Shooting a drop of water with one of the world's most powerful lasers might not be an obvious way to make an ice cube. But it is one way, at least if you want the kind of ice you might find deep inside planetary giants.

Scientists have known about exotic forms of ice for decades, but have only recently managed to create some of the more extreme varieties in the lab.

A new study by researchers from the University of Chicago and the Carnegie Institution of Washington in the US recently held a drop of water in a diamond grip, turning up the pressure and cooking it with a laser to learn how it freezes into a 'superionic' state.

Theoretically speaking, superionic ice is the arrangement of water molecules as a lattice of oxygen atoms surrounded by a pool of fidgety hydrogens that just don't sit still. It's technically ice, but like a liquid and a solid in one.

It's also the kind of ice that forms not at low temperatures, but at extreme pressures. Think of the level of pressure that naturally forms deep, deep underground, or better still, near the core of massive planets like Neptune.

While models predict some of the conditions under which this phase of water should appear, they're a little vague when it comes to the precise temperatures.

At the heart of the problem is a question over something called the triple point – the combination of pressure and temperature at which a substance is on the brink of melting, freezing, and sublimating.

To make it even more complicated, the kind of solid structure water can settle into can vary, too. Ice comes in many forms, depending on the arrangements and movements of its constituent elements.

Experiments could help nail down the path of characteristic changes between liquid and superionic states, but until now getting a reliable set of results has been a real challenge, with observations under different methods disagreeing by hundreds of degrees.

Usually a water sample needs to be put under at least 50 gigapascals of pressure – half a million times the force you're experiencing right now under Earth's atmosphere – and then heated with a high-powered laser to come close to seeing anything significant.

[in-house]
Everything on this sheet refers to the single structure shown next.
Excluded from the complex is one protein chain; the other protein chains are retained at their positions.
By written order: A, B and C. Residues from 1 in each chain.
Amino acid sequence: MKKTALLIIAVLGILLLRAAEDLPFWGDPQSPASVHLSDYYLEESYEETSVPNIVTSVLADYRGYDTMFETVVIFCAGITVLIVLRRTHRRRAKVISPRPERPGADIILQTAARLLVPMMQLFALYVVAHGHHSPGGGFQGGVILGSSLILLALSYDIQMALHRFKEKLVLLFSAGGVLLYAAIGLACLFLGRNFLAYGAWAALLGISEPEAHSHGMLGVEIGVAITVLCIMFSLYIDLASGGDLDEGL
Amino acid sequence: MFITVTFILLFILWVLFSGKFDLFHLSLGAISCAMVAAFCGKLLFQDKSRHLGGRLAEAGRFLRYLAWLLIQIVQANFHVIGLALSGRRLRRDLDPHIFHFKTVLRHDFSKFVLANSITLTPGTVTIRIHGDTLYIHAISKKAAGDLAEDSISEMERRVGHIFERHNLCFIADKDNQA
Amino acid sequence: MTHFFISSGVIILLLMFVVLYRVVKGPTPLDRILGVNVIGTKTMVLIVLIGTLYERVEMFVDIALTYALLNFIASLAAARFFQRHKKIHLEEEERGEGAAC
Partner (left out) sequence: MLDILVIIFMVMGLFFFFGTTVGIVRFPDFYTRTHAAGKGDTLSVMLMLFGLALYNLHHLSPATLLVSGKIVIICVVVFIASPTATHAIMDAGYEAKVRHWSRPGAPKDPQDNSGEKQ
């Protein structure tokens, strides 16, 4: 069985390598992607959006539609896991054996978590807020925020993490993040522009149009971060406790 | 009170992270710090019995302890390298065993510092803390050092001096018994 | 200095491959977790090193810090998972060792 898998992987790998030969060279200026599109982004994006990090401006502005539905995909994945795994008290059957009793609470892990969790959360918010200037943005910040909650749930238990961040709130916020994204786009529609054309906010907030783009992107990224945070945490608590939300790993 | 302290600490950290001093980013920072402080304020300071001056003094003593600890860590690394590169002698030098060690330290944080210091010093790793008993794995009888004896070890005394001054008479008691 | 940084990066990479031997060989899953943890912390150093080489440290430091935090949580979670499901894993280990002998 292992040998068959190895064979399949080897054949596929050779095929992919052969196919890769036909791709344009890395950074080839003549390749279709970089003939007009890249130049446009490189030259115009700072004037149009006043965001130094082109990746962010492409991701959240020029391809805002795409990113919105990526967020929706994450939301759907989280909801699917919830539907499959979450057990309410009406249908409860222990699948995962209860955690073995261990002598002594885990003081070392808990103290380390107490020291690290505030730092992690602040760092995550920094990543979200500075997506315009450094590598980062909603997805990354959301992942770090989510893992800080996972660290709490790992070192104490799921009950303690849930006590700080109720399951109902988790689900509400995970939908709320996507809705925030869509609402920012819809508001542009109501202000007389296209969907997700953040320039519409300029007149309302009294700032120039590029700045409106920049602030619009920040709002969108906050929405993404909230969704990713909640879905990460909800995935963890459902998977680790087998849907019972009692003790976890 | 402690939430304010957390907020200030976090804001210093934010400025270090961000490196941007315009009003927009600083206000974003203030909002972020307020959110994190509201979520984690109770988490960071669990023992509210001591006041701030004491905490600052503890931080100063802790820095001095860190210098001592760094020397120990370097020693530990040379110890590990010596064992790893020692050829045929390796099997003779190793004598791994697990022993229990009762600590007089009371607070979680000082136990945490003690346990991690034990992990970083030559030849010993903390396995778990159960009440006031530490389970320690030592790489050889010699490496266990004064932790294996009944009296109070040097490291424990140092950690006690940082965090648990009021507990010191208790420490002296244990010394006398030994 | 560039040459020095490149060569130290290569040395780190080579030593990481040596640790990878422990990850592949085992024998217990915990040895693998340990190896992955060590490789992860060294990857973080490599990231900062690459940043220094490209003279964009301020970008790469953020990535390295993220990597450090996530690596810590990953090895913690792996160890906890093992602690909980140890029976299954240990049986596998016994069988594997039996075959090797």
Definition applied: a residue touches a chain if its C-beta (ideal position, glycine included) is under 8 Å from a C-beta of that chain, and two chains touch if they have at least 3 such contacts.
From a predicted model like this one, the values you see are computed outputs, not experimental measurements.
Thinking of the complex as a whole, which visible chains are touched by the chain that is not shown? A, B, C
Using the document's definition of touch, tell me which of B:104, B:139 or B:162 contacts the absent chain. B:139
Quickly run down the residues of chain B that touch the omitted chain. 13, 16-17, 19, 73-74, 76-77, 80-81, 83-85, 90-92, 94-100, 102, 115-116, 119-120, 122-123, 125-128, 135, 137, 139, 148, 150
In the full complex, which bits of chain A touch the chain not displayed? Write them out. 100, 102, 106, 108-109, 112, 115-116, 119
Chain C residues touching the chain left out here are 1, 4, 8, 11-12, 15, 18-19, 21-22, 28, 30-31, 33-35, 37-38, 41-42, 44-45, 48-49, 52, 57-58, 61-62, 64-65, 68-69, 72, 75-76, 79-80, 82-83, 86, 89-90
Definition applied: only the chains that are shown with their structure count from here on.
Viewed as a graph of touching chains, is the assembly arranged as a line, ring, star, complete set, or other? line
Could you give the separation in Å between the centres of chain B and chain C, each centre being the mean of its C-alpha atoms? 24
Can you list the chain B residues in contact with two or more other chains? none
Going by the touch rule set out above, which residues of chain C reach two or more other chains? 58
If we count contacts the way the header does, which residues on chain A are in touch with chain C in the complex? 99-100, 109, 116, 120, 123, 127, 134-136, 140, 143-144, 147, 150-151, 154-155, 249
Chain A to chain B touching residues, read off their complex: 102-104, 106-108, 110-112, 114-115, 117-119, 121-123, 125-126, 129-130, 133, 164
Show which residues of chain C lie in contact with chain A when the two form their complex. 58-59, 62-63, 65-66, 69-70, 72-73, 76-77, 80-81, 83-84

The laboratory setup. (Vitali Prakapenka)

So when a team of physicists at the Department of Energy's Advanced Photon Source (APS) set about squeezing water inside a diamond-vice at a relatively mild 20 gigapascals, they weren't expecting a lot.

"It was a surprise – everyone thought this phase wouldn't appear until you are at much higher pressures than where we first find it," says geophysicist Vitali Prakapenka from the University of Chicago.

​"But we were able to very accurately map the properties of this new ice, which constitutes a new phase of matter, thanks to several powerful tools."

With their superionic ice sample in place, the team was able to use the APS accelerator to generate a beam of X-rays; when scattered off the ice sample, these X-rays indicate the positions of its atoms.

This allowed them to gauge when the water underwent specific phase transitions as the conditions changed, and to describe the steps it takes to transform into superionic ice.

They were able to crank the pressure in their diamond anvil and heat it to 6,500 degrees Kelvin, allowing them to map the stability of two phase changes of ice at high temperatures from 20 all the way up to 150 gigapascals.

Because of the way the hydrogens move about inside the exotic ice, visible light has a hard time passing through, making its appearance black.

That buzz of hydrogen atoms flowing through an oxygen lattice could also have an impact on the surrounding electromagnetic field, and maybe even play a role in the formation of a planet's own protective magnetosphere.

We're only just beginning to learn how the movements of our planet's oceans and the chemistry of its mantle have a subtle influence over our world's magnetism. Learning how exotic ices also exert a nudge could help us further tweak our models.

What this might mean for alien worlds, or even our own planet, requires a lot more investigation.

"It's a new state of matter, so it basically acts as a new material, and it may be different from what we thought," says Prakapenka.

This research was published in Nature Physics.